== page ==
22. André de Moor and Peter Calamai, Subsidizing Unsustainable Development (San José, Costa Rica: Earth Council, 1997); Barbara Crossette, “Subsidies Hurt Environment, Critics Say Before Talks,” New York Times, 23 June 1997.
23. World Bank, World Development Report 2003 (New York: Oxford University Press, 2003), pp. 30, 142.
24. Belgium, France, and Japan from Seth Dunn, “King Coal’s Weakening Grip on Power,” World Watch, September/October 1999, pp. 10–19; coal subsidy reduction in Germany from Robin Pomeroy, “EU Ministers Clear German Coal Subsidies,” Reuters, 10 June 2002; subsidy cut figures in China from Roodman, op. cit. note 17, p. 109; sulfur coals tax from DOE, EIA, China: Environmental Issues (Washington, DC: 2001).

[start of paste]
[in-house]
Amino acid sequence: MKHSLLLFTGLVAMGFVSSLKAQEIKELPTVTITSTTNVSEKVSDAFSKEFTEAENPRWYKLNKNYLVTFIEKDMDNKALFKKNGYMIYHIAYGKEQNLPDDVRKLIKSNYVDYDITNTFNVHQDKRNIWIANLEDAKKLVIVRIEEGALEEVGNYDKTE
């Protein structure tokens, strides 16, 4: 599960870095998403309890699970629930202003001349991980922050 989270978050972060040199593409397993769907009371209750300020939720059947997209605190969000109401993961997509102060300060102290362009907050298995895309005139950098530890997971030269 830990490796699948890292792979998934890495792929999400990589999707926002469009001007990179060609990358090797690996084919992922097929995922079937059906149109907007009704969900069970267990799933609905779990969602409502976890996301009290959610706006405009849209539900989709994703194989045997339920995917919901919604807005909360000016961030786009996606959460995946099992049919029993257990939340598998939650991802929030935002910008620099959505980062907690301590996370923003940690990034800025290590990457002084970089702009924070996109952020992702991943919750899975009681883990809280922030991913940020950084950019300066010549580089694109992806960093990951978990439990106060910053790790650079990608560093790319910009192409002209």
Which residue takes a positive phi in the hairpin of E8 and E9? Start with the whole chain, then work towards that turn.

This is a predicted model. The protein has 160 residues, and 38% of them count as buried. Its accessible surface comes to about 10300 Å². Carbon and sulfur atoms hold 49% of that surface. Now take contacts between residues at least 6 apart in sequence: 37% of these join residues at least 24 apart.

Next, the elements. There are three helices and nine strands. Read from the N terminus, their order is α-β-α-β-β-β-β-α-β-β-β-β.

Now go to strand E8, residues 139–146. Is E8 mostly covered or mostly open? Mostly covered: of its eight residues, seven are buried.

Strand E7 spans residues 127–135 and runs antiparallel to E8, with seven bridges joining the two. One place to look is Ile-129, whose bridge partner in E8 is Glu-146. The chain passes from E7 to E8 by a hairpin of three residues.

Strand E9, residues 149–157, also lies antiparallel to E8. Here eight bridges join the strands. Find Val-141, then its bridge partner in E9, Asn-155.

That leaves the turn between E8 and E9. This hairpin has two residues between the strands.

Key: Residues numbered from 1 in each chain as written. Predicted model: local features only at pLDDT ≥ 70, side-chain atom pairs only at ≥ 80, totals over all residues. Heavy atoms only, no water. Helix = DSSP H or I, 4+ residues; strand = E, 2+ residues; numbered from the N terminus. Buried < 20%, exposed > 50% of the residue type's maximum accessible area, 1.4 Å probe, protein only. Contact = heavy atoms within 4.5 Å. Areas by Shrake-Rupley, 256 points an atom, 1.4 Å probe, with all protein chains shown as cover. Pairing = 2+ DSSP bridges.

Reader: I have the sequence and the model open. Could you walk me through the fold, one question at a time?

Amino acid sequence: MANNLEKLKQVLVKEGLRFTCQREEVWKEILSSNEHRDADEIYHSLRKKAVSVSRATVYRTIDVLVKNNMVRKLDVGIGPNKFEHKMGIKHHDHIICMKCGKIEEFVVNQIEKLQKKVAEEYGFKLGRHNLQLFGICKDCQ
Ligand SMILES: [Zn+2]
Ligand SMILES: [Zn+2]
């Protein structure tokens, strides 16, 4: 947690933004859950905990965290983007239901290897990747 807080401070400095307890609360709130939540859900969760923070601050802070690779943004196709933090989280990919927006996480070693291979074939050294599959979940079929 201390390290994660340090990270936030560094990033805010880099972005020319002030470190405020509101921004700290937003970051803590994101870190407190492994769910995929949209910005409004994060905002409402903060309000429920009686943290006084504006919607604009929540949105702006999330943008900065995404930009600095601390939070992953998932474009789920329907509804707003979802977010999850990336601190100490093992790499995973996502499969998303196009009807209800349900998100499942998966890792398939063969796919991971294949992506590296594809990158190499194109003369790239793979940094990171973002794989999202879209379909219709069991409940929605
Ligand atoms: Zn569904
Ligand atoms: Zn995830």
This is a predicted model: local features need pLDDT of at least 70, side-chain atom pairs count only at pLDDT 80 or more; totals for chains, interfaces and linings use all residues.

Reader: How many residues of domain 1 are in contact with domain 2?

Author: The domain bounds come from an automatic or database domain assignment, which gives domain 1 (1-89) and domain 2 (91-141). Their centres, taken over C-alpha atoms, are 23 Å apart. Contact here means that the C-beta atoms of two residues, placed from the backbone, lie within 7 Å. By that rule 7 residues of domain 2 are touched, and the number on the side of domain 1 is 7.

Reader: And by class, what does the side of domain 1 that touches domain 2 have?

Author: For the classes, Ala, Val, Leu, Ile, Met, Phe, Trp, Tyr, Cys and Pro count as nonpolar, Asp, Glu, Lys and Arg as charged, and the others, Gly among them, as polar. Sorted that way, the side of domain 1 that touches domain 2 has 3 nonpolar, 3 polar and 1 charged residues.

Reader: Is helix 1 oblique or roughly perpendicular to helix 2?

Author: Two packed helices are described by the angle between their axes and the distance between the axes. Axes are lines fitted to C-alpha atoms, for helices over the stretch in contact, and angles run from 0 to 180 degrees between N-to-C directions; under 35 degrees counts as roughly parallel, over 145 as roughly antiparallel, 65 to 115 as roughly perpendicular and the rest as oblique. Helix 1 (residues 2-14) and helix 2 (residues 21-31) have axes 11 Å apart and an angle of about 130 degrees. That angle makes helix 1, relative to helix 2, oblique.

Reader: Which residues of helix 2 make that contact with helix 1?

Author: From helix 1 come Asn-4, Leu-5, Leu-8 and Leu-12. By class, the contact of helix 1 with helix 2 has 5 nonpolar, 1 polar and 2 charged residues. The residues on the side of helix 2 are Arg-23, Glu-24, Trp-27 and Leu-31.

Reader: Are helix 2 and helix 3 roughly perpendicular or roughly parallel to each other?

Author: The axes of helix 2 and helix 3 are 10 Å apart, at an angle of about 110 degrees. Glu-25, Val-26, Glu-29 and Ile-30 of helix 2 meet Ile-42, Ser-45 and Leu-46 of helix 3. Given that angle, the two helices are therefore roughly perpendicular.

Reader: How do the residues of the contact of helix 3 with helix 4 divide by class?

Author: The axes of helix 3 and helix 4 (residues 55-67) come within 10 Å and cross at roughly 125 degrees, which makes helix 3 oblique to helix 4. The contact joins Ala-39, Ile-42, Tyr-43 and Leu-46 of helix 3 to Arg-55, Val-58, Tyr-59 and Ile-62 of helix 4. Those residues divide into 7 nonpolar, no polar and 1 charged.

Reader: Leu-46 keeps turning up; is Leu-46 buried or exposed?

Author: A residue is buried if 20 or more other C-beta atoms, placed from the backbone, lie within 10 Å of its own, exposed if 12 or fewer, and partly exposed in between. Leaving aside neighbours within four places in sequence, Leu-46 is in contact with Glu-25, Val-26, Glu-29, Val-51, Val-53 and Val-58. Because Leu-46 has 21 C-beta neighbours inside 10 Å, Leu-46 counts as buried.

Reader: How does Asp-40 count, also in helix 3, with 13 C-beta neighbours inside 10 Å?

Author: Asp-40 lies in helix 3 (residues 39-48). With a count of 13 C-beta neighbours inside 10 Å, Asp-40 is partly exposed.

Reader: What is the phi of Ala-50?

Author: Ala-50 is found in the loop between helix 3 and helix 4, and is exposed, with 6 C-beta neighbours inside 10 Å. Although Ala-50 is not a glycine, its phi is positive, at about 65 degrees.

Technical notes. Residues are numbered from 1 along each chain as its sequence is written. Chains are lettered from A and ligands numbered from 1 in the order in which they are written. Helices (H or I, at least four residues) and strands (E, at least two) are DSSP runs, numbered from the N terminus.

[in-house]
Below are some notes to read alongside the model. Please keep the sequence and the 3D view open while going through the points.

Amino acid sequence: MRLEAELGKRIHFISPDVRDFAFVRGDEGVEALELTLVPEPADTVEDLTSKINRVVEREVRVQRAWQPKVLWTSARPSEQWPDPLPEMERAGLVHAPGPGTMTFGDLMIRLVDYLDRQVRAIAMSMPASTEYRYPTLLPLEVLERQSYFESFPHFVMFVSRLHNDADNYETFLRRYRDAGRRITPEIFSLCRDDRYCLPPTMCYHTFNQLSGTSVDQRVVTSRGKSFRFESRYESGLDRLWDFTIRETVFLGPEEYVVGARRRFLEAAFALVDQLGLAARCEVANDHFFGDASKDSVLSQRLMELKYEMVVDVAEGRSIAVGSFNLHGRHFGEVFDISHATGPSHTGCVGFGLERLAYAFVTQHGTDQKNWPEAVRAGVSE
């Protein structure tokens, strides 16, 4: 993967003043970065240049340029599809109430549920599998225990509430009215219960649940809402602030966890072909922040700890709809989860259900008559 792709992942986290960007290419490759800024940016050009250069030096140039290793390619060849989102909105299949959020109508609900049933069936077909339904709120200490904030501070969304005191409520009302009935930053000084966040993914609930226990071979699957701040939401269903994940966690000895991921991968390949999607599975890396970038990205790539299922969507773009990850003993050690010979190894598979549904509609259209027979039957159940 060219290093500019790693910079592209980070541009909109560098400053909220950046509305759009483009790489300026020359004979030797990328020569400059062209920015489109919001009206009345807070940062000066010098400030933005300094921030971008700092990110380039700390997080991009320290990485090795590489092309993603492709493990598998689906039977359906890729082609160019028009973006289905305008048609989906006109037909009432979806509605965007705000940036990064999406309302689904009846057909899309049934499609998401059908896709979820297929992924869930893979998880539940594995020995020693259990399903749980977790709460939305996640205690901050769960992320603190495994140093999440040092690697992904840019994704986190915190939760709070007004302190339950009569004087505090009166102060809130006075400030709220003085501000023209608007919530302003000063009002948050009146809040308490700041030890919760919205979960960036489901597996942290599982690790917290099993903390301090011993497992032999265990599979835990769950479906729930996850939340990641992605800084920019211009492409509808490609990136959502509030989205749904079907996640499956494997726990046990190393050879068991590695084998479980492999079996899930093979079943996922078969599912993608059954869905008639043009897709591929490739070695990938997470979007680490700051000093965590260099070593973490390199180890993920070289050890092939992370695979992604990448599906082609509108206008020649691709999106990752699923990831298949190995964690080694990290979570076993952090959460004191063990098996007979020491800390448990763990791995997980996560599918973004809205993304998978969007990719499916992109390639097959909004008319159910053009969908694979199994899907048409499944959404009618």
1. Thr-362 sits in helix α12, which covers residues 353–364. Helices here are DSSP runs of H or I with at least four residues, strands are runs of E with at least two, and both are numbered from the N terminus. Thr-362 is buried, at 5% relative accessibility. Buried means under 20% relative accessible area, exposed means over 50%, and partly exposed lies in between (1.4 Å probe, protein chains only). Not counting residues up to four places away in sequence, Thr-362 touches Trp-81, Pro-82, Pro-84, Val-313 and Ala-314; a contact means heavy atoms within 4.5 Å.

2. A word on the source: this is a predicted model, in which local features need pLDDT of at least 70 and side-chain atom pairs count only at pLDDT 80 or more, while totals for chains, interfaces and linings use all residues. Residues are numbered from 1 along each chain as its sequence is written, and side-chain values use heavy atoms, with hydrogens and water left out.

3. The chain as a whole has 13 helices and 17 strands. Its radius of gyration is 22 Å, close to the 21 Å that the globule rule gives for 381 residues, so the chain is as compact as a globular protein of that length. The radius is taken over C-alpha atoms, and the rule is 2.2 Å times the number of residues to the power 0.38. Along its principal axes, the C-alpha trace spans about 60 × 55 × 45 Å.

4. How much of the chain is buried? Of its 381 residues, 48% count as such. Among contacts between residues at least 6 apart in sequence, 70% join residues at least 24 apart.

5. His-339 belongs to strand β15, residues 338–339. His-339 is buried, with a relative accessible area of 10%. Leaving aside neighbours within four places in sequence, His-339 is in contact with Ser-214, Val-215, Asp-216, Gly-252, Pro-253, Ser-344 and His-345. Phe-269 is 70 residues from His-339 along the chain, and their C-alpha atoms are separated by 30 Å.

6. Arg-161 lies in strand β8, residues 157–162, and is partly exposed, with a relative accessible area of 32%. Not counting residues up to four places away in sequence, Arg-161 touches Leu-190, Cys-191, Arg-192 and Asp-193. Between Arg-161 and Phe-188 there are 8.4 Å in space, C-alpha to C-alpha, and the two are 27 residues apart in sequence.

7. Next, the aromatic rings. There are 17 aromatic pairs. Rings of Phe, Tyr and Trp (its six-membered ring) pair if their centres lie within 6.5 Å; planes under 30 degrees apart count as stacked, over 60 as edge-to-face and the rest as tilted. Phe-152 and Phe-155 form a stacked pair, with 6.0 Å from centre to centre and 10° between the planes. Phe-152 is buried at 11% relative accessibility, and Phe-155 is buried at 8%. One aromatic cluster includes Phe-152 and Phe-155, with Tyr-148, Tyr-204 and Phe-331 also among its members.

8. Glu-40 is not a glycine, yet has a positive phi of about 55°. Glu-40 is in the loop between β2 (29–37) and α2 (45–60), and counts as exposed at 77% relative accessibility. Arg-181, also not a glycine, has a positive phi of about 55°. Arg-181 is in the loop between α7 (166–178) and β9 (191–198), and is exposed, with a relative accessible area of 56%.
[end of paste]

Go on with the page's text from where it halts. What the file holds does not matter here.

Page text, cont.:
25. John Whitelegg and Spencer Fitz-Gibbon, Aviation’s Economic Downside, 3rd ed. (London: Green Party of England & Wales, 2003); dollar conversion based on December 2003 exchange rate in IMF, “Representative Exchange Rates for Selected Currencies in December 2003,” Exchange Rate Archives by Month, at www.imf.org/external/ np/fin/rates/param_rms_mth.cfm, viewed 1 October 2005.
26. Erich Pica, ed., Running On Empty: How Environmentally Harmful Energy Subsidies Siphon Billions from Taxpayers, A Green Scissors Report (Washington, DC: Friends of the Earth, 2002), pp. 2–3.
27. Internet’s start from Barry M. Leiner et al., “A Brief History of the Internet,” at www.isoc.org/internet/history/brief.shtml, viewed 4 August 2000; wind power in California from Peter H. Asmus, Wind Energy, Green Marketing, and Global Climate Change (Sacramento, CA: California Regulatory Research Project, 1999), and from California Energy Commission, “Wind Energy in California,” at www.energy.ca.gov/wind/overview.html, viewed 15 January 2003.